Virginia Energy Sense
Helpful Tips for Annandale Small Businesses to Save Energy – and Money

 

By:  Andy Farmer

Energy Savings, Annandale, VAYear after year, thousands of small business throughout the Commonwealth, several of which are located right here in Annandale, search for ways to reduce operating costs. This can oftentimes prove challenging, but there are many easy and effective ways for small businesses to reduce expenses and increase profits simply by lowering energy use.

A proud partner of the Annandale Chamber, Virginia Energy Sense (VES) is the Commonwealth’s energy education program and is committed to helping Virginians, and businesses large and small in Virginia, reduce their energy consumption by 10 percent by 2020.

Small business participation plays an integral part in meeting this important goal. The following energy reduction tips have the potential to help the state meet its energy reduction goals, but also save small businesses money in the process.

Commercial Energy Audit
A business energy audit is a great way to identify areas to save energy and improve your company’s bottom line. You can conduct your own energy audit or hire a professional. This can be an involved process depending on the size of your office, so refer to the VES checklist before getting started.

Commercial Incentives
Investing in sustainable office equipment to lower energy consumption may be worth consideration for many businesses. There are many federal, state and utility company incentives available to Virginia businesses to help offset purchase and installation costs of energy efficiency upgrades and equipment. VES has compiled the details of these incentive programs on its website, which can be found here.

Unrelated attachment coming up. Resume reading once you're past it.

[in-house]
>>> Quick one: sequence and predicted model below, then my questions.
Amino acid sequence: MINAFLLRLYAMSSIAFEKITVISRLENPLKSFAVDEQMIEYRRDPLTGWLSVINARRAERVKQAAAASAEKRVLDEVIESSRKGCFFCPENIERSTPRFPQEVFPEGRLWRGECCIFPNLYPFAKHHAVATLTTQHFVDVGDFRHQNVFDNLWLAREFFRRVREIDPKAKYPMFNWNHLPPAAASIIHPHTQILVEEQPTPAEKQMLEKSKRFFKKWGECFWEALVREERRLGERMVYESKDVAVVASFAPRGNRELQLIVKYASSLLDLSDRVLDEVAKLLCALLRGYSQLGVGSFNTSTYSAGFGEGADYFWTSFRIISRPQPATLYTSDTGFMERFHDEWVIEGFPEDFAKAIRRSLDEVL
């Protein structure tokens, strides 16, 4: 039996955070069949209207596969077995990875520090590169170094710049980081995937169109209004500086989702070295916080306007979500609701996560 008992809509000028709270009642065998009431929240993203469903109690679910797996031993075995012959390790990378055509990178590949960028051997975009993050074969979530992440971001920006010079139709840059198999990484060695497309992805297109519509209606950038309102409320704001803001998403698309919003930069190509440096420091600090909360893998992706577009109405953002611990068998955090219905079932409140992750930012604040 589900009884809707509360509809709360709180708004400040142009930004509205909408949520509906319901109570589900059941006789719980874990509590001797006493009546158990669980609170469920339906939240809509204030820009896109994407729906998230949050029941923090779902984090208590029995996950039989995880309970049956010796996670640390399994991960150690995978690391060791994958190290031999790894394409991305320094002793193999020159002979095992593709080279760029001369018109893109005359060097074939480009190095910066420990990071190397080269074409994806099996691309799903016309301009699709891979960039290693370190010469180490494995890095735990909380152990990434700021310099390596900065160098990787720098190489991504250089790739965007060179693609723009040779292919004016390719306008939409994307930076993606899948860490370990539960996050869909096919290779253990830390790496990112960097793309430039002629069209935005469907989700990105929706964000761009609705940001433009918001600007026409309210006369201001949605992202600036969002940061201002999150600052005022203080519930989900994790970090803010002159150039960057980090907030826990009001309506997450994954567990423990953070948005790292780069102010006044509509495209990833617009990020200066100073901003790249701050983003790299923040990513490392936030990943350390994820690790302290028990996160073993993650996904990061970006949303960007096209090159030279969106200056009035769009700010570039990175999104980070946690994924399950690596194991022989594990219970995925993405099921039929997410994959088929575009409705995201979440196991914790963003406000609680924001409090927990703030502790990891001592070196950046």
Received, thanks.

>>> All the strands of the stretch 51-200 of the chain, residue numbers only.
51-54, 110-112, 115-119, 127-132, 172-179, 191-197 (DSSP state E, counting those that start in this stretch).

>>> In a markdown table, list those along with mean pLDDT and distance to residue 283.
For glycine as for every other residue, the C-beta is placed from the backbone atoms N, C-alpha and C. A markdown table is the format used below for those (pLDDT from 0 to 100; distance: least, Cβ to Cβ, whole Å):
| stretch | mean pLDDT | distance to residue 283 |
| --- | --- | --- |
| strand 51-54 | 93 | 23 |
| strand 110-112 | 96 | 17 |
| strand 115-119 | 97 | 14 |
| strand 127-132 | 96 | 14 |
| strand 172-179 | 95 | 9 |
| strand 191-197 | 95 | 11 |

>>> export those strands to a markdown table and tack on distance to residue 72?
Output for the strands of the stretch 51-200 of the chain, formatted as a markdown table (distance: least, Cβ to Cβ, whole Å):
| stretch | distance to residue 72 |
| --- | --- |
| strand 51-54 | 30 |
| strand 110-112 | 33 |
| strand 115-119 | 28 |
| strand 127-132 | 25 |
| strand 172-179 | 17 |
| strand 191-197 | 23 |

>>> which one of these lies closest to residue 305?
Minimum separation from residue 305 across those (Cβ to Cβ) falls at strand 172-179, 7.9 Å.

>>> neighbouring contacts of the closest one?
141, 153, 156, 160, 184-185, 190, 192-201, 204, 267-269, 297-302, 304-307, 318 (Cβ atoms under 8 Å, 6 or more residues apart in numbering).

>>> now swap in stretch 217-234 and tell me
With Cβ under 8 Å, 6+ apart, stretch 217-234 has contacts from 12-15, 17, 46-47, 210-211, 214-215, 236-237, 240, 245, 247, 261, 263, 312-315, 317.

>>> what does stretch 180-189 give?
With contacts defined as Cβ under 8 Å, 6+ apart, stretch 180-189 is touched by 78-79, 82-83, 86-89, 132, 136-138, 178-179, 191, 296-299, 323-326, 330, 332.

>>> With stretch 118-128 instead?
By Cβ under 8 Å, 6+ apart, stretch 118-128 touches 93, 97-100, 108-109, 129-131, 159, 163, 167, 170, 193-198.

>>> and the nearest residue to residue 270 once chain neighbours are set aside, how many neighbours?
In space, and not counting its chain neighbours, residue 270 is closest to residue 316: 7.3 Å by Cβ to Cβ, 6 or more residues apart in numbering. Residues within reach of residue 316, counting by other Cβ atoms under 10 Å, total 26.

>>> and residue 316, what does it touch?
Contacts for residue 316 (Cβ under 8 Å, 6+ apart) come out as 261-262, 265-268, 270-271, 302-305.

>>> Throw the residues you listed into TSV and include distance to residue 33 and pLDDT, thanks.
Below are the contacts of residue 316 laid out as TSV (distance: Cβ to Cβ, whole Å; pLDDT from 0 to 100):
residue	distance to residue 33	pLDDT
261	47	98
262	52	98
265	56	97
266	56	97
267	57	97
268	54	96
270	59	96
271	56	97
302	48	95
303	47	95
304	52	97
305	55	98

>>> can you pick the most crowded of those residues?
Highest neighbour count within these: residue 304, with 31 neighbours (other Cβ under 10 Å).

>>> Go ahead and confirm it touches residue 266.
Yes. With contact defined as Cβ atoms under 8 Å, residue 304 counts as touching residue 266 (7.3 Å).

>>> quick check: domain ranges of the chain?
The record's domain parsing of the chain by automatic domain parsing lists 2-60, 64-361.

Getting Employees Involved
Simply educating your employees and asking them to help save energy can make a difference. Encouraging employees to close blinds in the winter at the end of the day to reduce heat loss and during the day in the summer to avoid the heat of direct sunlight and keep your business cool are two easy steps to save energy and save money. In addition, turning off lights, computer monitors and other office equipment when not in use will also make a difference.

Industrial and Commercial Lighting
The high efficiency and directional nature of light emitting diodes (LEDs) makes them ideal for many commercial and industrial uses. LEDs are increasingly common in street lights, parking garage lighting, walkway and other outdoor area lighting, refrigerated case lighting, modular lighting, and task lighting.  Quality LED products can last 25 times longer than an incandescent bulb and use 75% less energy, resulting in significant savings over time.

Lowering costs by reducing energy consumption can be easy for Virginia’s small businesses. VES looks forward to working alongside the Commonwealth’s small businesses to create a more sustainable workplace that will benefit everyone.  You can learn more about VES at:

http://www.virginiaenergysense.org.

Advice from Virginia Energy Sense:

Tips for college students:

  • When purchasing a new mini-fridge, computer, television, lamp and other electronics, look for the ENERGY STAR label.
  • Use power strips instead of plugging gadgets directly into the wall. You can turn everything off with the flick of a switch.
  • Turn off lights when you’re not in your room. Go the extra step and switch from incandescent to more energy efficient bulbs like CFLs and LEDs, even for your desk and floor lamps.

Tips for the classroom:

  • Get students in the habit of turning off computer screens when not in use.
  • Always be sure the lights to the classroom are turned off when nobody is in the room.
  • Take advantage of our educational materials to teach students about reducing their energy usage at home.

 

Author:  Andy Farmer is the manager of Virginia Energy Sense, the Commonwealth’s statewide energy education program under the guidance of the State Corporation Commission (Copyright © 2012 Annandale Chamber of Commerce. All rights reserved.  (Photographs & images, on this page, and on this website, are not available for use by other publications, blogs, individuals, websites, or social media sites.)

 

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